After this we had a wander in and out of the tourist shops, we still had an eight hour wait for the night train back home.

We did find a little garden in the centre of Aviemore and chilled out there for most of the afternoon.

At one point we think we saw Chris Townsend walking up the high street to the local supermarket.

At 20:30 we made our way to the railway station to wait for the train. We got chatting to the station master, who informed us that he was retiring on the 30th May.

So happy retirement; Willie.

The last thing we saw and hear before boarding the train was a piper, which was a nice send off.


Piper at the Gates of Dawn?

That's the end. I did get to see Red Squirrel & the Red Deer but no Highland Coo's and no stag antlers.

A big thanks to Robin who original walked this route and I just picked his brain and copied the route.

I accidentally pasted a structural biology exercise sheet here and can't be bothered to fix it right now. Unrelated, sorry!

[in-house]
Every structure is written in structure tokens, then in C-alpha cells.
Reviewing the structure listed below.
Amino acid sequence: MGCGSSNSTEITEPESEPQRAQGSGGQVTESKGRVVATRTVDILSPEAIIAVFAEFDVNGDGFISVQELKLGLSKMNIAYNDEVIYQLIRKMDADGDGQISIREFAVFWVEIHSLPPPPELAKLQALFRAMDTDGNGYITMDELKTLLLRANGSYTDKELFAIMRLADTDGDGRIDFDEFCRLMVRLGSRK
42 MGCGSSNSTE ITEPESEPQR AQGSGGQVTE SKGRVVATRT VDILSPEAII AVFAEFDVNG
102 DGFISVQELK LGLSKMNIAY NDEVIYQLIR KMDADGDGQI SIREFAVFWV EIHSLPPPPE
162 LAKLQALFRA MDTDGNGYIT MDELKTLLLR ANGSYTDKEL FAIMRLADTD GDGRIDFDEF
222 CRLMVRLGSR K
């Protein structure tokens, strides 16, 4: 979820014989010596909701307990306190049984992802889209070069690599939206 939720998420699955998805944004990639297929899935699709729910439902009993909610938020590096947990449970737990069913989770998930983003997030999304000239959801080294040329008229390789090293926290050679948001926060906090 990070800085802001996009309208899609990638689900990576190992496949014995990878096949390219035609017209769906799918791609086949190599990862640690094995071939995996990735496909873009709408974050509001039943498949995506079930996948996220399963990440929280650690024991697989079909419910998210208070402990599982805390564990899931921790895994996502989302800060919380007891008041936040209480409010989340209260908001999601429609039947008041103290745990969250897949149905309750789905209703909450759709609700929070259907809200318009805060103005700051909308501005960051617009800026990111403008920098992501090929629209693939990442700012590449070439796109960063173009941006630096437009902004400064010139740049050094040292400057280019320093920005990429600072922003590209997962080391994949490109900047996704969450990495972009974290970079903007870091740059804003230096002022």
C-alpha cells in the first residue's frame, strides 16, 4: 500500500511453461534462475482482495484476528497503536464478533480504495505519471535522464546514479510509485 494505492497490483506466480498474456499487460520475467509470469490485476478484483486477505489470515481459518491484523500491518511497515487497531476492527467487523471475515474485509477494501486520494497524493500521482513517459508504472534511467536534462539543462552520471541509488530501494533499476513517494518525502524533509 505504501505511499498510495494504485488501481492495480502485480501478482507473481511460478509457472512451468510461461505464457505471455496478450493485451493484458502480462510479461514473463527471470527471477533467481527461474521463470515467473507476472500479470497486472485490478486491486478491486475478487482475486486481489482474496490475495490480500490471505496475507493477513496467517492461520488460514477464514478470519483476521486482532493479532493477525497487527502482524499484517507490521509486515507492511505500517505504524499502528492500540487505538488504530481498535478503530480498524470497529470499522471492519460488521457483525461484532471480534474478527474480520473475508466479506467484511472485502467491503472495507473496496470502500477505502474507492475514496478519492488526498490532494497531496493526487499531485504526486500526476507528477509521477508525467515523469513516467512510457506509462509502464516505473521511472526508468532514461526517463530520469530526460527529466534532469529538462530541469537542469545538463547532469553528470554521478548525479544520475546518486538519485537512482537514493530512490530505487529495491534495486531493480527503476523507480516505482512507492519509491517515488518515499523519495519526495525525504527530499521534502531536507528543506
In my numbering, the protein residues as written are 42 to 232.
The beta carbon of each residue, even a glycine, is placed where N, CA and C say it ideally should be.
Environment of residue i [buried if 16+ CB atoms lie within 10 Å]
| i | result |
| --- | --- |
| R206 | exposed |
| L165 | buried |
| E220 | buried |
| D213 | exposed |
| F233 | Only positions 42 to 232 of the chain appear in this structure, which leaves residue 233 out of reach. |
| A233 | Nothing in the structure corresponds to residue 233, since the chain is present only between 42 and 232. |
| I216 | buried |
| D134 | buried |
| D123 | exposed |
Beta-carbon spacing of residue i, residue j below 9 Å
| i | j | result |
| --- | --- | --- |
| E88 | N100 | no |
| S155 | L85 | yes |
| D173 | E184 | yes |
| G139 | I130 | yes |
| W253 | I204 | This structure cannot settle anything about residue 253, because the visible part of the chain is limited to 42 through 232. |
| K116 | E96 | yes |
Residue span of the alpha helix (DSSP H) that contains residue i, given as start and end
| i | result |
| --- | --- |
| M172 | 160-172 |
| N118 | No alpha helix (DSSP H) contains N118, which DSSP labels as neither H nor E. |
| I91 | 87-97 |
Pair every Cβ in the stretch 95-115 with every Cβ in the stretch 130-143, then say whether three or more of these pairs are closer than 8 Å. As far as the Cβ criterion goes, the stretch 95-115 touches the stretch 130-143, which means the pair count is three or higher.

I'm already looking at maps and see where & when the next trip to Scotland will be, and as for this; I think I'll forget about it for a while.

Corrour Bothy - Rothiemurchus Forest via Liarig Ghru

Sunday 25th May

Another day; another hole. It seems as my sleeping mat has developed a hole, although it must be a very small one as it takes about 6-7 hours for the mat to deflate even with me on it. 

Today's route is over to Rothiemurchus Forest via the Liarig Ghru. The Liarig Ghru is one of the best known mountain passes not only in Scotland but in the U.K. I had heard a lot about it but still didn't know what to expect once up there.

We said our goodbyes to Duncan, and set off back down to the bridge crossing the River Dee, as the main path runs up the Eastern side of the Dee.

Again the paths were good to start with and we made steady progress.  One of the first thing we were looking of today was the Clach nan Taillear. We think that the picture below is it; as it is on the right side of the path and close to where the path to Carn a`Mhaim goes up from the Liarig Ghru (this was to be Duncan's route for today).